I've had that John Prine song stuck in my head since last week when I heard Chris Hedges say he didn't own a television. (Of course, I was watching BookTV on my own television at the time, but that's beside the point.)

For anyone not familiar with John or this gem of a tune, here it is:

Fred Drumlevitch said...

The web address in my comment above (re lawsuits based on the long-ago U.S.-run Guatemalan STD experiments) didn't wrap correctly, so here it is again, split up (those interested will need to re-assemble it):


Anne Lavoie said...

Being a native of the Live Free or Die state of New Hampshire, I have politics in my blood and independence in my bones. Town Hall meetings were our state sport, the most community fun we had all year. To hear the eloquence and passion of people standing up and speaking up was awesome. I attended well before I could vote, just for the drama of the arguments! The election time brouhaha was the same. We took politics seriously but with enjoyment, and accepted and cherished the personal responsibility for getting actively involved.

Since I first registered to vote long ago, I have been a registered Independent in all four states I have lived and voted in. If/when I am in a closed primary state, I temporarily register for a party in order to vote in the primary, and I change back afterwards. It's very easy to do.

I am not a wishy washy person who doesn't know what I believe. I just have always believed in voting the person, not the party. That requires studying the issues, prioritizing them, analyzing the candidates positions, and selecting the one will work to enact those policies for the good of the country. I don't find value in party or personal loyalty because it almost always comes at the expense what's good for the entire country.

Voting your self-interest is the mantra of both corporate parties. Republicans members want to keep more money and guns for themselves, while Democrats want more benefits, including those related to abortion, family planning and gay rights, while the politicians cut backroom deals to undermine some of those very benefits.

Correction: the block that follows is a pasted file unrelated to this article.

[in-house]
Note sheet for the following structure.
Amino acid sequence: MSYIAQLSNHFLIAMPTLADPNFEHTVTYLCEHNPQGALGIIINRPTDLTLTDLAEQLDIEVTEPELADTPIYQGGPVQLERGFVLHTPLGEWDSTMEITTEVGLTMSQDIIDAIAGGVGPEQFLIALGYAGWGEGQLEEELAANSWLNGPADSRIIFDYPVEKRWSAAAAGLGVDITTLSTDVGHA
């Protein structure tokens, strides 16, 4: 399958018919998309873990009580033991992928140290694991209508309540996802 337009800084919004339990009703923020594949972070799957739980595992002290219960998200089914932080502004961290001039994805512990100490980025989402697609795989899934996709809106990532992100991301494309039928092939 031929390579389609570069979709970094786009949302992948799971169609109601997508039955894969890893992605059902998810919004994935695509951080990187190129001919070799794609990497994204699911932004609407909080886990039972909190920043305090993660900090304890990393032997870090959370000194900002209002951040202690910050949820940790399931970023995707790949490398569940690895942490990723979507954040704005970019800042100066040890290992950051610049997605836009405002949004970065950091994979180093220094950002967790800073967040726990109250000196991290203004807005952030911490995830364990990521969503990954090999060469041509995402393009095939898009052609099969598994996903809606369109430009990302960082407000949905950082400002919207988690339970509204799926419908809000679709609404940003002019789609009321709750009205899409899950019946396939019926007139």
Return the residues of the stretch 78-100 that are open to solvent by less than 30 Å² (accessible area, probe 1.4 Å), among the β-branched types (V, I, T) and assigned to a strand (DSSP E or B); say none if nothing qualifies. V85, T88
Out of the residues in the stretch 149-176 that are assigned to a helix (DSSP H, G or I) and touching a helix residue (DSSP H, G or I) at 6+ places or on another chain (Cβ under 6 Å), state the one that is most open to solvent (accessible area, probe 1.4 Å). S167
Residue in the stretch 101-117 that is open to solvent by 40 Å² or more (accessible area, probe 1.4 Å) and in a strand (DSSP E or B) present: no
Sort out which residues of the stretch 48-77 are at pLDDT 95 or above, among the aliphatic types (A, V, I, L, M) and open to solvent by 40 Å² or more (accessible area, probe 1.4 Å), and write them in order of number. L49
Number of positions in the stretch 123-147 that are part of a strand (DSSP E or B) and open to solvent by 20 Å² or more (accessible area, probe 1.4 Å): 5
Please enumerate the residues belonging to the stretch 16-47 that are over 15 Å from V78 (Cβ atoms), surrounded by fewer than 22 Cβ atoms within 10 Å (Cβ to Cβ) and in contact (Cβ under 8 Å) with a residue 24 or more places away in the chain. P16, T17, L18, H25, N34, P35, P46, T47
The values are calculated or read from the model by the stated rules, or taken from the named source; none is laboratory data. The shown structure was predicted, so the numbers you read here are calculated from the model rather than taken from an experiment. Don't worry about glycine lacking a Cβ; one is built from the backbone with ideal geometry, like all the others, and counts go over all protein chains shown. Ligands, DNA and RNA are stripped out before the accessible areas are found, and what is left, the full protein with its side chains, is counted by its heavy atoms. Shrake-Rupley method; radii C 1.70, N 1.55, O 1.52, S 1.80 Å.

We frequently hear their condemnation 'They vote against their own best interests!' Did they even consider that maybe more people should be voting the best interest of the country instead of their own? George Washington warned us about political parties in his Farewell Address, and that was even before they became two sides of the same corporate coin proclaiming various self-interests.

If you really want to support the Occupy movement, get out of the Duopoly now. Independents are the ones the politicians all worry about. Let's now give them a really big reason to worry, just in time for the elections.


Denis Neville said...

Modern capitalism and the end of economic democracy…

Woody Guthrie’s song, “Jesus Christ,” argued that Jesus would have been shunned and possibly killed by modern capitalist society much as he was in his own time.

Our extreme capitalistic system isn’t a free market economy. It is ruled by a financial oligarchy, aided and abetted by a resurgence of right-wing economists, who are driven by ideology and special interests, that again threaten the economies of Europe and America where their ideas continue to flourish.

By design, Obama’s financial reform bill did nothing to control the behavior of banks.

Joseph Stiglitz writes, “If we expect to maintain any semblance of “normality,” we must fix the financial system...we have not fixed the financial system. Rather, we have poured money into the banks, without restrictions, without conditions, and without a vision of the kind of banking system we want and need. We have, in a phrase, confused ends with means. A banking system is supposed to serve society, not the other way around. That we should tolerate such a confusion of ends and means says something deeply disturbing about where our economy and our society have been heading. Americans in general are coming to understand what has happened. Protesters around the country, galvanized by the Occupy Wall Street movement, already know.”